The new International Mobility Programs (IMP) will include those streams in which foreign nationals are not subject to an LMIA, and whose primary objective is to advance Canada’s broad economic and cultural national interest, rather than filling particular jobs. Citizenship and Immigration Canada will be the lead department for the IMP. Some highlights of the reforms are:
The moratorium on the fast-food industry's access to the program is lifted immediately
The program will no longer accept applications from retail, accommodation and food service businesses in areas with unemployment rate of more than six per cent.
The program will now be based on provincial wage levels instead of the government's national occupational classifications.
A cap is also being placed on the number of low-wage temporary foreign workers an employer can hire at each worksite — 30 per cent of a worksite's employees starting immediately and dropping to 10 per cent by July 2016.
The cap will not apply to employers with fewer than 10 workers or to short-term, non-renewable positions.
Employers who are currently under the cap will not be allowed to hire more temporary foreign workers in order to reach the limit.
The government will post the number of temporary foreign workers approved every quarter, along with the names of companies that hire them.
Employers accessing the program must commit to not laying off any Canadian workers or reducing their hours, and must submit how many Canadians applied and were interviewed for these jobs, along with reasons why they were not hired.
The amount of time a low-wage temporary foreign worker can work in Canada is being reduced to a cumulative total of two years from four years.
Employers will also be required to get annual approval to hire low-wage temporary foreign workers, instead of biannually, and the application fee is being increased to $1,000 from $275.
Companies that abuse the program will be more harshly punished, with fines of up to $100,000, starting in the fall, and with public disclosure of the names of employers who have been fined and the amount of that fine. There will also be an increase in the number and scope of inspections. The Government will improve its ability to collect and share information between government departments and other levels of government to make sure that employers who break the rules are caught.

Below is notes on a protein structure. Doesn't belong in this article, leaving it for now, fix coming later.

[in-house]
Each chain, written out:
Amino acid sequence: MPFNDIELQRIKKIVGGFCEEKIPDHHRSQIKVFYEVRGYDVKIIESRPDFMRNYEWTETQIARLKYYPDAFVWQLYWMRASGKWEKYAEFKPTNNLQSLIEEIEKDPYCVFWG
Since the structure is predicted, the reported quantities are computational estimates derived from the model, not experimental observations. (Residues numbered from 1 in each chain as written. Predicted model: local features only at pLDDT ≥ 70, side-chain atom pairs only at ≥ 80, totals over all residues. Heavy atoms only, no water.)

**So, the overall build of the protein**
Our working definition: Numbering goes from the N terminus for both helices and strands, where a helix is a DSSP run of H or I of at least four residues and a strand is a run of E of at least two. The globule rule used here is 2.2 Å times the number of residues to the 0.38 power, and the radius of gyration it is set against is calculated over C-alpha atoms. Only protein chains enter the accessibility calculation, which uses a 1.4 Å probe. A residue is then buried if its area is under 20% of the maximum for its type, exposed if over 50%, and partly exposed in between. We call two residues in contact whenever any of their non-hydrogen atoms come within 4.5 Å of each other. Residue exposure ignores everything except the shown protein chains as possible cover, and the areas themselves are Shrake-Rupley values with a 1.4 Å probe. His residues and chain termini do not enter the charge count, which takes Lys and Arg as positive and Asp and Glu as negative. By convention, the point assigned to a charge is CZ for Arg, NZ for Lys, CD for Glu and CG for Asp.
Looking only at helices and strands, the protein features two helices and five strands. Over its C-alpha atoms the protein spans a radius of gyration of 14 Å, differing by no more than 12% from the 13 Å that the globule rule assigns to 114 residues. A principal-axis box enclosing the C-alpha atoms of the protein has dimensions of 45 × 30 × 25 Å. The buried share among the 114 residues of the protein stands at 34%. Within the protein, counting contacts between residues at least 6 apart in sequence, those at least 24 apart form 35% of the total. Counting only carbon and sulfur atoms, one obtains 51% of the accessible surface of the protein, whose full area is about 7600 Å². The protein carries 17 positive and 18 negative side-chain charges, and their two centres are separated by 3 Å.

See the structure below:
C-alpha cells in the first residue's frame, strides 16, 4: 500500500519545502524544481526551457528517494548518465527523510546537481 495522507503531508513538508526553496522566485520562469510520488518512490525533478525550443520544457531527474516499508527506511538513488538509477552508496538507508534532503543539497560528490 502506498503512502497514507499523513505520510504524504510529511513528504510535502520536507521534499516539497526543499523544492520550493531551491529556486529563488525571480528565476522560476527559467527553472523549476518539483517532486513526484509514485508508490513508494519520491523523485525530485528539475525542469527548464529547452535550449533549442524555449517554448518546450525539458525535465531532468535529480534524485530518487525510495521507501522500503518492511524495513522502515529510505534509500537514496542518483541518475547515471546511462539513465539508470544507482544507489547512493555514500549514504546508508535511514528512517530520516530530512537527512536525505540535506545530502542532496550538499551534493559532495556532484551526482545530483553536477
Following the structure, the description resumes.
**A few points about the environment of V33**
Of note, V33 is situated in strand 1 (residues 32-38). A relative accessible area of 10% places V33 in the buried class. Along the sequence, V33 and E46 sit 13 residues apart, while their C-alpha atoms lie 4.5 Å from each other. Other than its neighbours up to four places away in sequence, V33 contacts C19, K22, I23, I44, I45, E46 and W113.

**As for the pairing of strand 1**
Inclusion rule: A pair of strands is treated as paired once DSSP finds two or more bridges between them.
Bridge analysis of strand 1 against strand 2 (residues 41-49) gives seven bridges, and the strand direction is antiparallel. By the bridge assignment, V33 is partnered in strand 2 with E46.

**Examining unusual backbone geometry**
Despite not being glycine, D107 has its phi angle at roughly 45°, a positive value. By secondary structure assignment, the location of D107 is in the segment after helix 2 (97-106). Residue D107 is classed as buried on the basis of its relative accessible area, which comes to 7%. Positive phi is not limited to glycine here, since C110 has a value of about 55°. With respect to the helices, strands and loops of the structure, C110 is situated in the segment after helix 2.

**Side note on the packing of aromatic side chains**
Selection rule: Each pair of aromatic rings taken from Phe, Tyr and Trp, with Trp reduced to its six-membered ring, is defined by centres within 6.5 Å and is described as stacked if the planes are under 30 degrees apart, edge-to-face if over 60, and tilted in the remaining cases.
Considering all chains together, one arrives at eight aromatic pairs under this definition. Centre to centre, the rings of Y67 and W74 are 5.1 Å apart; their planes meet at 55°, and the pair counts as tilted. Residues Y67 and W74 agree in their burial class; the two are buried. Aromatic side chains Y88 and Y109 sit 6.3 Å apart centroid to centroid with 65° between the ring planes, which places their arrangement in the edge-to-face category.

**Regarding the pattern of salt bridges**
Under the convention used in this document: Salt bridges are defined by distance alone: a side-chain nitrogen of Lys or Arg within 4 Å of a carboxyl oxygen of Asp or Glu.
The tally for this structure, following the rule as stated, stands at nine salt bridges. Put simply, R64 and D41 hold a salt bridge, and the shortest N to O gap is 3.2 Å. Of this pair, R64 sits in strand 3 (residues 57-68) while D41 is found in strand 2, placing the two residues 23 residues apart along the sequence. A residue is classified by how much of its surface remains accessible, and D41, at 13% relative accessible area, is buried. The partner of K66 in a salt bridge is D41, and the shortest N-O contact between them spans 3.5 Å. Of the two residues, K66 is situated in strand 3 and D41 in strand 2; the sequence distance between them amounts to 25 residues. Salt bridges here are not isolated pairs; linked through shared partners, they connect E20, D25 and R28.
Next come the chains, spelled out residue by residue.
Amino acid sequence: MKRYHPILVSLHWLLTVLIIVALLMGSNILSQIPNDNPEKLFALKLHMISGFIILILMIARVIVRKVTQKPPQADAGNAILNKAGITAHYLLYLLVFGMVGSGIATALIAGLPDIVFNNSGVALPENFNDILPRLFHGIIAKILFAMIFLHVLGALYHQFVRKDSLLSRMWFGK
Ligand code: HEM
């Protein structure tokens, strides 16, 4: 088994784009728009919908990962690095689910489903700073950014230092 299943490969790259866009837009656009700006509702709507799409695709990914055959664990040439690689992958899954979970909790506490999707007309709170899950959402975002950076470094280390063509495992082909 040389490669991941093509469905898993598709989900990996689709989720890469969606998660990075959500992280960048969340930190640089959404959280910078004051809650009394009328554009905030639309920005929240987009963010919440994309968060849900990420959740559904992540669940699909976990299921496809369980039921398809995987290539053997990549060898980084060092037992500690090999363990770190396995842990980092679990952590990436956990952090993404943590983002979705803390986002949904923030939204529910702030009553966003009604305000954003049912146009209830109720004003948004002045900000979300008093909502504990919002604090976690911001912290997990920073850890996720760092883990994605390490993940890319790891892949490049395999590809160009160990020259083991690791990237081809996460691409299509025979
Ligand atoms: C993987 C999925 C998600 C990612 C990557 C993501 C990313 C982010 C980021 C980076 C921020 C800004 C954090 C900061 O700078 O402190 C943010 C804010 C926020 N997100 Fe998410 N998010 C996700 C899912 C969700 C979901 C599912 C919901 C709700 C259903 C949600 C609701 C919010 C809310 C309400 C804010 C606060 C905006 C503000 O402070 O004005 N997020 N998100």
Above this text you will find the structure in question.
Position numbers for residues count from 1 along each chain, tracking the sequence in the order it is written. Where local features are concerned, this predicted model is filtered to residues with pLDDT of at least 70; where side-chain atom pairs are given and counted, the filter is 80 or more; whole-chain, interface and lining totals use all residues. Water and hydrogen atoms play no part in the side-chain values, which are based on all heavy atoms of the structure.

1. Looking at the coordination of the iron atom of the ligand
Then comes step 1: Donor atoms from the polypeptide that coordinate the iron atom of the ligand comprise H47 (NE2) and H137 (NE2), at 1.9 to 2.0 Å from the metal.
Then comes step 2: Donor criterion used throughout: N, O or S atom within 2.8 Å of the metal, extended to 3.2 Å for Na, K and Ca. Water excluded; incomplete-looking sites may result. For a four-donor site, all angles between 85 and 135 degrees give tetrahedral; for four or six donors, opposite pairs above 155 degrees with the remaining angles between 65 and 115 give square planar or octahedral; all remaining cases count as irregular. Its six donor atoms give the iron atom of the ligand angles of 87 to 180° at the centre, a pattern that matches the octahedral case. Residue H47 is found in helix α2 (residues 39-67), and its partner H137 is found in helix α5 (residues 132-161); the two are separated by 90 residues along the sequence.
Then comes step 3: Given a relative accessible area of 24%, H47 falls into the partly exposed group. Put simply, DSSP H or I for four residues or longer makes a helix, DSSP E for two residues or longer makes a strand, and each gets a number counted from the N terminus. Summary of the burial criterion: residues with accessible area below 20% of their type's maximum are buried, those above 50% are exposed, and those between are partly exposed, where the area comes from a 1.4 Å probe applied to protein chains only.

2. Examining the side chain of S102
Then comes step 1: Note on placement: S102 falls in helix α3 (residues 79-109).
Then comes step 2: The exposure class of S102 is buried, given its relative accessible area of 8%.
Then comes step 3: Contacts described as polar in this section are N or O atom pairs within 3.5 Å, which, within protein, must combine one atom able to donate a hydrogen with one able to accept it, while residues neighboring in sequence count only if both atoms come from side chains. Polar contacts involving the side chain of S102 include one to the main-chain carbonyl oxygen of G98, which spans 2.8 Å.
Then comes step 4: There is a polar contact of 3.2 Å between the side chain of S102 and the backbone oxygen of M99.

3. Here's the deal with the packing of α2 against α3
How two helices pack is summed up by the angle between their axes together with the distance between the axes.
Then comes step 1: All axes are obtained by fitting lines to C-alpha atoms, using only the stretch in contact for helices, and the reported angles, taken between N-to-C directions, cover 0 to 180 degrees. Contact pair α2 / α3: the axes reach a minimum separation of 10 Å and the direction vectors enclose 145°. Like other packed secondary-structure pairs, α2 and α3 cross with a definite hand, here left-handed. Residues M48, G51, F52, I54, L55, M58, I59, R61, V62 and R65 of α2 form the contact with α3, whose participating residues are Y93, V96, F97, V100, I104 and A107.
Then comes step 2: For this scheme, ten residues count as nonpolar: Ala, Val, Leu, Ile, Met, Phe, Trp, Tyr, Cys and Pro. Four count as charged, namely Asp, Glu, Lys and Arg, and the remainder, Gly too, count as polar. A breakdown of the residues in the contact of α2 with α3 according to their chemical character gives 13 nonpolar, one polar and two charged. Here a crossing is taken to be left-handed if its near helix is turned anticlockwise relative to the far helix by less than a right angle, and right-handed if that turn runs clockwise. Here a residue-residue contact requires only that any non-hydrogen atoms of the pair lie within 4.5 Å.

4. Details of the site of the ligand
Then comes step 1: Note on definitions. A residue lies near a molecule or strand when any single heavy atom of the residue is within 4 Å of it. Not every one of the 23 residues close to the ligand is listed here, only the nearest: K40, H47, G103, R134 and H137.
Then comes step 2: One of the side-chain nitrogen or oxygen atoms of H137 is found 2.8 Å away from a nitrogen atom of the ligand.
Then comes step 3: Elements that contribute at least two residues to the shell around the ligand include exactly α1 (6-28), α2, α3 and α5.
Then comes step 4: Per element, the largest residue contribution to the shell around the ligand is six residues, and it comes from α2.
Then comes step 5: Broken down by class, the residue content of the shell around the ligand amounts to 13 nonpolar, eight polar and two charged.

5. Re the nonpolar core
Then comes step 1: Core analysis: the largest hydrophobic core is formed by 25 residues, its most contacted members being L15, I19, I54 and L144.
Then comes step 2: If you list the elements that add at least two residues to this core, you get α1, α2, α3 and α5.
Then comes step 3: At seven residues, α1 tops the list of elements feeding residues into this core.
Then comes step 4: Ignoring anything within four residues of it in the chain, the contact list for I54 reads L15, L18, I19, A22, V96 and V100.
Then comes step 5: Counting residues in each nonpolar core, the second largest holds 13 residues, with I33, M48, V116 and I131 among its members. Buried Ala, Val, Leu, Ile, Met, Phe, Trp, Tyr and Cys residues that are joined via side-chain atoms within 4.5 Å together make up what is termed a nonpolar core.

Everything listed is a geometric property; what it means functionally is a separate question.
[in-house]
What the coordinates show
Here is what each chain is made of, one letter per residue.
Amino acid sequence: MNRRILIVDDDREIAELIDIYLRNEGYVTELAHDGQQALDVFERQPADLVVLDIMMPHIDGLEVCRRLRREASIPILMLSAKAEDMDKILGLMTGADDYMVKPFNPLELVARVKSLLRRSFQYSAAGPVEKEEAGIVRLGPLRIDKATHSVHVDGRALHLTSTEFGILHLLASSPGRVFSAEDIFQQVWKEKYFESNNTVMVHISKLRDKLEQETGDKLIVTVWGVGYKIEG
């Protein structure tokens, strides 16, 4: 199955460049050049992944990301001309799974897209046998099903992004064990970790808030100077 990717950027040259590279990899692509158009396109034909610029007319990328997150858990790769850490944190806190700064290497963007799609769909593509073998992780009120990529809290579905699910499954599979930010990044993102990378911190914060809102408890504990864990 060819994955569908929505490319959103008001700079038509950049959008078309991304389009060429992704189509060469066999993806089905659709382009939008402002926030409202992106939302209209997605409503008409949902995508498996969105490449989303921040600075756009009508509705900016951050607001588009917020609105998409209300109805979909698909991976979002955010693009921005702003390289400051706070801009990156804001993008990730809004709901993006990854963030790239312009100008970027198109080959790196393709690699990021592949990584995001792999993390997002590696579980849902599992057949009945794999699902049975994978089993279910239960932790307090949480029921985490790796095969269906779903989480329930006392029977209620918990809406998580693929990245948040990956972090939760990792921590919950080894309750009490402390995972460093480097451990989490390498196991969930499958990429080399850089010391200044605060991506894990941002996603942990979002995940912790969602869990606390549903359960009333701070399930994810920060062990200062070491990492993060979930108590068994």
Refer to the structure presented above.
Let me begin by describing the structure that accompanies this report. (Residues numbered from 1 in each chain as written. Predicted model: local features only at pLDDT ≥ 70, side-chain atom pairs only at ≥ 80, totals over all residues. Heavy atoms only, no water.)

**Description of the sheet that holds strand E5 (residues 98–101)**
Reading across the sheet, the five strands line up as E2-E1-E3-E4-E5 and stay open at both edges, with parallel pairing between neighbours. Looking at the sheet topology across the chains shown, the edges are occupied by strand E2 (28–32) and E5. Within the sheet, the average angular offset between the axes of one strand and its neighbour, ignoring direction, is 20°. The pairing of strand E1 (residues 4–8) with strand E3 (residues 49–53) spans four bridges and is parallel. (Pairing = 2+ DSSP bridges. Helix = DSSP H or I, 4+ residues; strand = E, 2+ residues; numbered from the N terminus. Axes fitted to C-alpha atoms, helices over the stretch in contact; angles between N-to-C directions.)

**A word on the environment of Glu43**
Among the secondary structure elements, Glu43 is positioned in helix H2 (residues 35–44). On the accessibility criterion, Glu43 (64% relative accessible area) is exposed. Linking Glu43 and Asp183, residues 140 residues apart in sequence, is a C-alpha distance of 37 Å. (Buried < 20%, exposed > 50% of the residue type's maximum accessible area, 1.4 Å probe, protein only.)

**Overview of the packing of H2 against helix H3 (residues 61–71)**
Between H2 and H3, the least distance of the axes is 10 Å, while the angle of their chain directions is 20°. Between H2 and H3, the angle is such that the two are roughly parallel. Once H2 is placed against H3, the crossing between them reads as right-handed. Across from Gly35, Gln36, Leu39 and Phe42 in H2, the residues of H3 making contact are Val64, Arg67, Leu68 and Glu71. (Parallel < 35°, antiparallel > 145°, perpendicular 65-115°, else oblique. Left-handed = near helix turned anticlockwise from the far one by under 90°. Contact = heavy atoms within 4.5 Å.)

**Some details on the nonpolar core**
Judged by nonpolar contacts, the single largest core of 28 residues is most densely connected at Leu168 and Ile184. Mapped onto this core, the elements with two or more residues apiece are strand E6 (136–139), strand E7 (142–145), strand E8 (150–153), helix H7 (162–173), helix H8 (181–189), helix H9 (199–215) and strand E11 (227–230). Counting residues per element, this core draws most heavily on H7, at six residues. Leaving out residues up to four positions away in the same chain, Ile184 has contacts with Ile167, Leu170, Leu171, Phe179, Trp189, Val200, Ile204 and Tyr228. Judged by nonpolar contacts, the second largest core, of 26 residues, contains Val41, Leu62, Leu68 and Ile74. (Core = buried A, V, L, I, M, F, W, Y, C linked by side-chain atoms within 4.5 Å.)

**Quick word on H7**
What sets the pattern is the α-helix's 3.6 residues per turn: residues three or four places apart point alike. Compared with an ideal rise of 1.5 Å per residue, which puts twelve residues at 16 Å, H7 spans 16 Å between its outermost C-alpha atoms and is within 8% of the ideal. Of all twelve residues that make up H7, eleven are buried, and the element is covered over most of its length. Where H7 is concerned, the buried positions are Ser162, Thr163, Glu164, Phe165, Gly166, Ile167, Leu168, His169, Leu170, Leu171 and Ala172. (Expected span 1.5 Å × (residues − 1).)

These changes will strengthen and improve the TFWP, supporting our economic recovery and growth, and ensuring that employers make greater efforts to hire Canadians before hiring temporary foreign workers. These reforms will ensure that the TFWP, which is an important program to deal with acute skills shortages on a temporary basis, is used only as a last resort.
As part of the ongoing review of the TFWP, the Federal government will hold cross-Canada consultations over the coming months with businesses, industry and trade organizations, unions and others on additional changes to the Program.
Recently, the Government of Canada introduced Bill C-26,the Tougher Penalties for Child Predators Act. Our Government finds that the sexual exploitation of children is wholly unacceptable and that we should be doing more to protect our youth, and punish the guilty with penalties that match the severity of the crime.We will continue to build on the Government’s current efforts to protect children from sexual exploitation and online crime, including child pornography.
Bill C-26, the Tougher Penalties for Child PredatorsActcontains nine new key measures designed to crack down on predators who exploit and abuse children.
It would require those convicted of contact child sexual offences against multiple children and those convicted of child pornography and contact child sexual offences to serve their sentences consecutively – one after another.
We will increase the maximum and minimum prison sentences for certain child sexual offences and the penalties for violation of conditions of supervision orders. This bill will ensure that a crime committed while on house arrest, parole, statutory release or unescorted temporary absence, is an aggravating factor at sentencing. C-26 will amend the Canada Evidence Act to ensure that spouses of the accused are competent and compellable witnesses for the prosecution in child pornography cases.
Too often convicted child predators travel to other countries to repeat their crimes even after a conviction in Canada. With C-26, registered sex offenders would be required to provide more information regarding travel abroad, enabling information-sharing on certain registered sex offenders between officials responsible for the National Sex Offender Registry and at the Canada Border Services Agency.
In addition to all this, the Government of Canada, in consultation with the provinces and territories, will establish a publicly accessible database of high risk child sex offenders who have been the subject of a public notification in a provincial/territorial jurisdiction to assist in ensuring the safety of our children and communities.
Predators who target children have been able to abuse our most vulnerable with very little fear of consequence. Bill C-26 seeks to change this.
Information of this and other bills before the current parliament may be found at: